Email can be a chaotic thing, but we manage it with software magic and esoteric philosophies like Inbox Zero. Designer Brendan Dawes wondered what it would be like if we interacted with email physically; twisting knobs, flicking switches, and watching it glow. Would we learn to love email again, or would it just become another ornery appliance in our lives?
Teaming up with Mailchimp, Dawes (also known for this visualization) created six different appliances that encourages people to look at their email in different ways. Calling them his Six Monkeys, each one is named after a famous chimpanzee used in linguistic research.
Take Lucy, for example. Its whole schtick is that it glows different colors when emails are sent. But Lucy can read your emails, and change its color according to the contents. You can hook it up to IFTTT.com, for example, to have it glow purple whenever the Weather Channel says it’s going to rain later in the day. But you could also set it to pulse black every time your mother-in-law emails. Or set it to glow red every time your bank emails you to say your balance has fallen below a certain amount.
Oliver’s another interesting e-mail monkey. It’s ambient furniture, something halfway between an objet d’art and a space heater. You just set it on your coffee table and watch it. Oliver is purple at inbox zero, as your inbox fills up, Oliver heats up, burning brighter and redder. How hot do you let the email furnace burn before you go check your inbox?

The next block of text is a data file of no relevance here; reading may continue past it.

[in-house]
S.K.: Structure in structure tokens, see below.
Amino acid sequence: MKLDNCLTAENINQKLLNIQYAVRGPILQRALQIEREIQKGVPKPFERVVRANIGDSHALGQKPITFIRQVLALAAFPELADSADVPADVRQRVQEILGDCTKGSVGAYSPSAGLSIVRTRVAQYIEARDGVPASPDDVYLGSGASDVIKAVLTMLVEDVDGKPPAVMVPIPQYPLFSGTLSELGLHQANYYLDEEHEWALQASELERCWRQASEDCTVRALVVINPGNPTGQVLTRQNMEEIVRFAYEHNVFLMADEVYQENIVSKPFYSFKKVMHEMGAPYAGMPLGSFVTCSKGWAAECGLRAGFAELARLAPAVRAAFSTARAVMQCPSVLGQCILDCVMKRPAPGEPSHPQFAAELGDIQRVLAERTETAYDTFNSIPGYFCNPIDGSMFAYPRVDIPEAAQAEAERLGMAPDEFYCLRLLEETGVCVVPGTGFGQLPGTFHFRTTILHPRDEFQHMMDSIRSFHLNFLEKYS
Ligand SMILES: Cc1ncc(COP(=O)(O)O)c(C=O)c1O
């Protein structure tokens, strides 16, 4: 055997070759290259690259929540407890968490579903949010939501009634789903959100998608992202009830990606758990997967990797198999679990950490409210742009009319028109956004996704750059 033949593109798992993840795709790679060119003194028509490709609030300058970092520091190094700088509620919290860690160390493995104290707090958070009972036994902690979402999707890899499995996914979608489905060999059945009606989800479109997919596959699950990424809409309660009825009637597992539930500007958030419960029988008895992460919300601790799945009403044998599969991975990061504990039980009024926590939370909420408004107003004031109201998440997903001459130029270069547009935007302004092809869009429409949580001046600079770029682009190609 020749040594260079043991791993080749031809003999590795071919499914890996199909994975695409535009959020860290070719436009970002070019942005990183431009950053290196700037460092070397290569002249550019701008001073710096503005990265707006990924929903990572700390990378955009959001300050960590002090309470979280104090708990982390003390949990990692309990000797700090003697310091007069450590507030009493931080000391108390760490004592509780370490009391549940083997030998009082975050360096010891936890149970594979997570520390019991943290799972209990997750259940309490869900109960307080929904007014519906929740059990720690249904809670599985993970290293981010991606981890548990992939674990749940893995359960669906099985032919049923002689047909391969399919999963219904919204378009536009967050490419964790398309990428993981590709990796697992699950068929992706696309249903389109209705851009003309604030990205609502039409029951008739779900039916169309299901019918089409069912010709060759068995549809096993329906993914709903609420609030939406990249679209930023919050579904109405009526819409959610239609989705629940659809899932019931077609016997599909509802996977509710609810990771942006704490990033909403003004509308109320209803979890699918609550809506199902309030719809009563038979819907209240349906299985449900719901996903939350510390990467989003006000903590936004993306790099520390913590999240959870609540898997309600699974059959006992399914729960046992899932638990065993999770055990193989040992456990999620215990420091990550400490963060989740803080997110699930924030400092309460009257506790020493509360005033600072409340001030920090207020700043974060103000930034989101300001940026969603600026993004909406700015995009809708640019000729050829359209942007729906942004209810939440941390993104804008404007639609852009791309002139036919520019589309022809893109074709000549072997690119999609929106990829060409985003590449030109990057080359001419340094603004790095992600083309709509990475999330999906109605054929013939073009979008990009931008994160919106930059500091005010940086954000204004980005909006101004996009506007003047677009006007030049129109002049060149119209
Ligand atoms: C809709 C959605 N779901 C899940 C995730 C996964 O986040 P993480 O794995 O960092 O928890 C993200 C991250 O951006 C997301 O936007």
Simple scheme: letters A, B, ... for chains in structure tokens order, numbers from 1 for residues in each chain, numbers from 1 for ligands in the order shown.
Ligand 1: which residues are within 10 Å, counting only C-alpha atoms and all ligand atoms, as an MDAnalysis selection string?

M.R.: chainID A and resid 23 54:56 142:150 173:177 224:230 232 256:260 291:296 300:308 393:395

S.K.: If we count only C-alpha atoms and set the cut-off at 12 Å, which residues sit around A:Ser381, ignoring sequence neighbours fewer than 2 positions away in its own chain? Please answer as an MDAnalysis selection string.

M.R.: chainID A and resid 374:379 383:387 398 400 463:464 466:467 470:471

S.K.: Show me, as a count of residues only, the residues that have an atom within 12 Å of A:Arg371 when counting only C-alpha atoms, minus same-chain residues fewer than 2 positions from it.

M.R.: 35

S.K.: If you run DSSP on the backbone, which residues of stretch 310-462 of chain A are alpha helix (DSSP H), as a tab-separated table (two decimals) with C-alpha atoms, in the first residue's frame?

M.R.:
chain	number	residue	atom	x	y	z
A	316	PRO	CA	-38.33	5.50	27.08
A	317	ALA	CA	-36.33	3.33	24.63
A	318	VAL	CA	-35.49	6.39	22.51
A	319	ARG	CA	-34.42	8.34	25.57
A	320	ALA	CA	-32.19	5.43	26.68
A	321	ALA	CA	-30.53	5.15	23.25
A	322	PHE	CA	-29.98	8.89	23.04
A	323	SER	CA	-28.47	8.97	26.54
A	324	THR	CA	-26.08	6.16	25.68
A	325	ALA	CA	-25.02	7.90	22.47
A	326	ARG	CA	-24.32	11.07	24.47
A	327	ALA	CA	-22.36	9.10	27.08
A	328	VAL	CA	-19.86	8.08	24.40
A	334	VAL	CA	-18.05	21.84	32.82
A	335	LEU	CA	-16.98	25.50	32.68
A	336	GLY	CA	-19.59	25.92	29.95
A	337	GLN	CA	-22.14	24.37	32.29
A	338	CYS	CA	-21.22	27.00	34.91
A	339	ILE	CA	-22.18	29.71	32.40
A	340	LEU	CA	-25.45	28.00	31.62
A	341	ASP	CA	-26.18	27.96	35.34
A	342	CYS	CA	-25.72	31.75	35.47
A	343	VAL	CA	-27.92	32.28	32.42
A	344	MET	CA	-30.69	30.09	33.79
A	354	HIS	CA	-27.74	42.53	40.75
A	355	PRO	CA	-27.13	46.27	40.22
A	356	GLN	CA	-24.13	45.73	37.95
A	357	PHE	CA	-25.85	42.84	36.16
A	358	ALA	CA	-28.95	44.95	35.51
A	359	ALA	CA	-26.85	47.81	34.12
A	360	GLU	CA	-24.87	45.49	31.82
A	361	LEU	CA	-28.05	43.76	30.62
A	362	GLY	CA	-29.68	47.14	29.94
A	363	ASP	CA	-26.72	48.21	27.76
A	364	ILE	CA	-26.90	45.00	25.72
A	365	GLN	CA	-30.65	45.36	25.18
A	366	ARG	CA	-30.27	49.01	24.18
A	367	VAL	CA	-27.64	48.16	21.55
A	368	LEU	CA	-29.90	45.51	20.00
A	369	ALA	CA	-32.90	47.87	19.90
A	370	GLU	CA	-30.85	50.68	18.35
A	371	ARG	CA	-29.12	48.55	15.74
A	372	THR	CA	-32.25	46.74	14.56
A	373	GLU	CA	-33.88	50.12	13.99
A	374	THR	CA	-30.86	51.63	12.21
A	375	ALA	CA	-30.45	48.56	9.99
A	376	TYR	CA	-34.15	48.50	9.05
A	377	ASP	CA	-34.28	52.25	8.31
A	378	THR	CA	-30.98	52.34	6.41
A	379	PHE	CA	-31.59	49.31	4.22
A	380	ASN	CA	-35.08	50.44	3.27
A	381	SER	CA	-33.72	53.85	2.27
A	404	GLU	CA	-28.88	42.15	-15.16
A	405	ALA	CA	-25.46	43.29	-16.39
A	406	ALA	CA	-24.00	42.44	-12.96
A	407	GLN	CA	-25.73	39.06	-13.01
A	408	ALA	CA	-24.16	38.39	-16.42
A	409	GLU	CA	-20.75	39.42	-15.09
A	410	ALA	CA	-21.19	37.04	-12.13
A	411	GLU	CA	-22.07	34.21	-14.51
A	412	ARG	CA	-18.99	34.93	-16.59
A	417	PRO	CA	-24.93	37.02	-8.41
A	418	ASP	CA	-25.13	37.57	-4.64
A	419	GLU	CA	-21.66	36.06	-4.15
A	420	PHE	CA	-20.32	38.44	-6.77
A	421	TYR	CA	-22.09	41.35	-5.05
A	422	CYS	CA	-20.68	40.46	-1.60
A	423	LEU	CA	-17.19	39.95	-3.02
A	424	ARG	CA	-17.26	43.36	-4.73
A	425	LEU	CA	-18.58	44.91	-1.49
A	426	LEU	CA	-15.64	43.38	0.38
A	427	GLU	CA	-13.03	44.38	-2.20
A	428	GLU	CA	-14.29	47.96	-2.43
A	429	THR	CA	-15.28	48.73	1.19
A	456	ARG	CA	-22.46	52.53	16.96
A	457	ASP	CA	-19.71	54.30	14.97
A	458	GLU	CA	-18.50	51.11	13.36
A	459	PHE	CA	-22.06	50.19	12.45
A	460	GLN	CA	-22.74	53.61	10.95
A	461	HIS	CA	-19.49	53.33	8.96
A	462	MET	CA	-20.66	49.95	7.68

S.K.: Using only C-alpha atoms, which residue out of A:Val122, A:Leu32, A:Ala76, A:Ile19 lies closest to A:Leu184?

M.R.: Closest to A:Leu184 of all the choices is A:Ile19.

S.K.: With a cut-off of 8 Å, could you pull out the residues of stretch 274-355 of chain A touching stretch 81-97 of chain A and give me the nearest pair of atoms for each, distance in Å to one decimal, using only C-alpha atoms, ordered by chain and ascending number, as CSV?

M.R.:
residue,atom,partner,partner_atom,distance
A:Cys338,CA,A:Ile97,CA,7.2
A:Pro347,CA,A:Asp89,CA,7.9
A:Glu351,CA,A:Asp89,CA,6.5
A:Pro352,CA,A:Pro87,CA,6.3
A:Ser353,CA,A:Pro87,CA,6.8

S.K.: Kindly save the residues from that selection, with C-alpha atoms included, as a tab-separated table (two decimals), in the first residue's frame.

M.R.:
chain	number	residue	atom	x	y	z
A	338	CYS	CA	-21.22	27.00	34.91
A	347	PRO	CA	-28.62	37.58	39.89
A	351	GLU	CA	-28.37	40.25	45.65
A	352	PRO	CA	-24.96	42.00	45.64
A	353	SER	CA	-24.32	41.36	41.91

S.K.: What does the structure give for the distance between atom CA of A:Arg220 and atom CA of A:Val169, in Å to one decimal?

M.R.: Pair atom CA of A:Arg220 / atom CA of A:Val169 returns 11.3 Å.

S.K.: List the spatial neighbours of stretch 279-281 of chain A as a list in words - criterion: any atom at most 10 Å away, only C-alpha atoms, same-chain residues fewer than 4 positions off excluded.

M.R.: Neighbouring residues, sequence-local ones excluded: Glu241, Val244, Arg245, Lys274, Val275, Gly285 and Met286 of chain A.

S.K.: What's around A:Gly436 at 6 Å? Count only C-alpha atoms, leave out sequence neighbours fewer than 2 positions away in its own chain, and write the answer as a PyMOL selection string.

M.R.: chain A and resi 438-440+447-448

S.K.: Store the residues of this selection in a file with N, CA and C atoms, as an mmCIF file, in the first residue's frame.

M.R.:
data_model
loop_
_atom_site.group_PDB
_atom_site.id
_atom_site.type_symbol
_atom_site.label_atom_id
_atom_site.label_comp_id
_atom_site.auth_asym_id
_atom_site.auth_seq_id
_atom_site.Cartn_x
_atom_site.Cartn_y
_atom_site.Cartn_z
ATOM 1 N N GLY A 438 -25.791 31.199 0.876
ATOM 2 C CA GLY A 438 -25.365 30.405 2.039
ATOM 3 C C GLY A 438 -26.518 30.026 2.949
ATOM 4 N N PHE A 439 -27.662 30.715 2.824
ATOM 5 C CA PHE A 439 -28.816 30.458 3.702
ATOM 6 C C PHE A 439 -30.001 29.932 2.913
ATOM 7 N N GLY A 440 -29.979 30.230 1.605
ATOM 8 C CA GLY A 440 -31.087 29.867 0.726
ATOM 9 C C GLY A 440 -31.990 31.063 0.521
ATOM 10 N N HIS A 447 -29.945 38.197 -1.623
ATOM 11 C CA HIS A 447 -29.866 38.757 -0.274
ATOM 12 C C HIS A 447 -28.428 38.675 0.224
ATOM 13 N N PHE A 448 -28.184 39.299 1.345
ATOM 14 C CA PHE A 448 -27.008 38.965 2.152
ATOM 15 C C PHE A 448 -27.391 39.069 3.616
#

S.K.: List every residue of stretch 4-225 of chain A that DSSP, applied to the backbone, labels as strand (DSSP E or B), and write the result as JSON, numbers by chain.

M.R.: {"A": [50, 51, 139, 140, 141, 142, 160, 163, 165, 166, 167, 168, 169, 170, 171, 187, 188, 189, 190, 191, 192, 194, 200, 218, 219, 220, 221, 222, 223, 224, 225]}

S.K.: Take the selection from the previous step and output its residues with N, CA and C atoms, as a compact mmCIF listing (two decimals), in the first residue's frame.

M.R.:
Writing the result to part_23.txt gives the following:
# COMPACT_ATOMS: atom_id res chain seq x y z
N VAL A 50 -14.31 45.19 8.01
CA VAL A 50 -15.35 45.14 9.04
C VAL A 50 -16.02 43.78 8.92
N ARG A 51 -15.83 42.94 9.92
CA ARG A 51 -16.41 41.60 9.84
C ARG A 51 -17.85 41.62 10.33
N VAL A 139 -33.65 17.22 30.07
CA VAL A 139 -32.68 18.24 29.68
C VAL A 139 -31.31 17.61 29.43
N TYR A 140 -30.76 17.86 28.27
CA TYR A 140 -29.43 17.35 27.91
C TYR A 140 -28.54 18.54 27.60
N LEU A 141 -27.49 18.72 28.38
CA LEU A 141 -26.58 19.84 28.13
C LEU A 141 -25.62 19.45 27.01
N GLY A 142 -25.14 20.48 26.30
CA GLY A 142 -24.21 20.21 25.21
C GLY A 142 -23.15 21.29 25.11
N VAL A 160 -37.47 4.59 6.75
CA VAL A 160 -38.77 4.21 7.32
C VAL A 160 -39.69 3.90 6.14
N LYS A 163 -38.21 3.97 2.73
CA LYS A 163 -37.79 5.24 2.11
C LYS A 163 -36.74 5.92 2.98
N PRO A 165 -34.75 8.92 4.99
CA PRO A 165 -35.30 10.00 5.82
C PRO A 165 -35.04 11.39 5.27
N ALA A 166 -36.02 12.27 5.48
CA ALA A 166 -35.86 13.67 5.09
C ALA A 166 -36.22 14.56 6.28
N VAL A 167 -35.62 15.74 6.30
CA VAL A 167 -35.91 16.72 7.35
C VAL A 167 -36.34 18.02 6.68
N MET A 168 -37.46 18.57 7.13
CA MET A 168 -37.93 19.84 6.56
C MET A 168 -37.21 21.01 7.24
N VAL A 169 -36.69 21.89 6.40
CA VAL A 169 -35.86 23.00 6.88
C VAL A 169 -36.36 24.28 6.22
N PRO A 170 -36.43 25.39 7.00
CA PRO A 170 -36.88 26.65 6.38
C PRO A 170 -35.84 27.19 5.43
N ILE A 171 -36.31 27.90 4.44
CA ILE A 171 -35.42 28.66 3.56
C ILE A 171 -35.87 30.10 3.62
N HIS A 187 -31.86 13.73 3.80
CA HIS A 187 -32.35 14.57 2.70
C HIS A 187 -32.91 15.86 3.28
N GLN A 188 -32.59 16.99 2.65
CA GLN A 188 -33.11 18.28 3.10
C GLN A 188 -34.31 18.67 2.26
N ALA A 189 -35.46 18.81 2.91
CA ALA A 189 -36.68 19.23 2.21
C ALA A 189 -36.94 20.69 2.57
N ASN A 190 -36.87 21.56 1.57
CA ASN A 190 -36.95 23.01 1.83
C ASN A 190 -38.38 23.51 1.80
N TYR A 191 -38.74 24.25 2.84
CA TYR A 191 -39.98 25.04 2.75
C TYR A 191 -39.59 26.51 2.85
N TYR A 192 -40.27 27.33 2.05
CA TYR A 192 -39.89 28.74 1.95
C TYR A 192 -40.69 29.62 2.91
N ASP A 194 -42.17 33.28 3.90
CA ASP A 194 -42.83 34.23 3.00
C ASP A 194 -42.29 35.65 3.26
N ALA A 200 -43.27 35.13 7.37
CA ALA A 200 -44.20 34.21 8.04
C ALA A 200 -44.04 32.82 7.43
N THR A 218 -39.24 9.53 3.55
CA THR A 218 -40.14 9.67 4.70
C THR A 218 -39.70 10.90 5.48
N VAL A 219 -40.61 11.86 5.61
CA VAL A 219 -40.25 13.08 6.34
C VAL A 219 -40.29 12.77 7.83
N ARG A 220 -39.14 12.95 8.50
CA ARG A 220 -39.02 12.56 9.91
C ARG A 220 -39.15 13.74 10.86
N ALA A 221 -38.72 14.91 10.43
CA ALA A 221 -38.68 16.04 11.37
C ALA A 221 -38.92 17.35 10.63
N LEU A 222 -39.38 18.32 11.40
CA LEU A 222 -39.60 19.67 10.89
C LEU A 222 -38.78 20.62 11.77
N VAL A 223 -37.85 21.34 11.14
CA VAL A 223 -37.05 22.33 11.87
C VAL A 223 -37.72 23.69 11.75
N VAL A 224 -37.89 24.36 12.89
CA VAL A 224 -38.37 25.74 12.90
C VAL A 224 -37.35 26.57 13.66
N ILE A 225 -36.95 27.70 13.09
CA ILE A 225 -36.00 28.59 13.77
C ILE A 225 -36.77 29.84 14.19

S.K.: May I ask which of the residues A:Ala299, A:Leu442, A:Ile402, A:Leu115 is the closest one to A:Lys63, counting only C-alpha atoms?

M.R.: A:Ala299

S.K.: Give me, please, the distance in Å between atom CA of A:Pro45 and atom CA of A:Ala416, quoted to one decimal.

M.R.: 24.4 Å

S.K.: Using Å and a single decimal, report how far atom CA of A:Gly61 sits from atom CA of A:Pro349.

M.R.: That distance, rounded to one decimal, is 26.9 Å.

The other monkeys have been designed to take novel but physical approaches to email:
Nim is a light switch for email, allowing you to turn it on and off with just a flip.
Lana links your email to a physical memento, sending you emails relating to your memories with that object when you move it.
Ham is like a jewelry box for the most important emails you’ve ever received; unlock it with a physical key, and it will print off a copy of a treasured missive for you to read for the first time all over again.
And Sarah is the equivalent of the flag on a country mailbox, flipping up when you get email from a certain someone in your life.
It is Dawes’s hope that his creations will lead us to re-examine our relationship with email.
“Email may not be perfect,” he writes, “but what is? It’s flawed yet it’s also beautiful. By placing email within our everyday physical spaces and looking at it in a new light, maybe we can learn to love it again.”
Unfortunately, though, Dawes’s Six Monkeys are conceptual, prototype creations. And It’s too bad, since a lot of these seem like they would make for pretty good Kickstarters.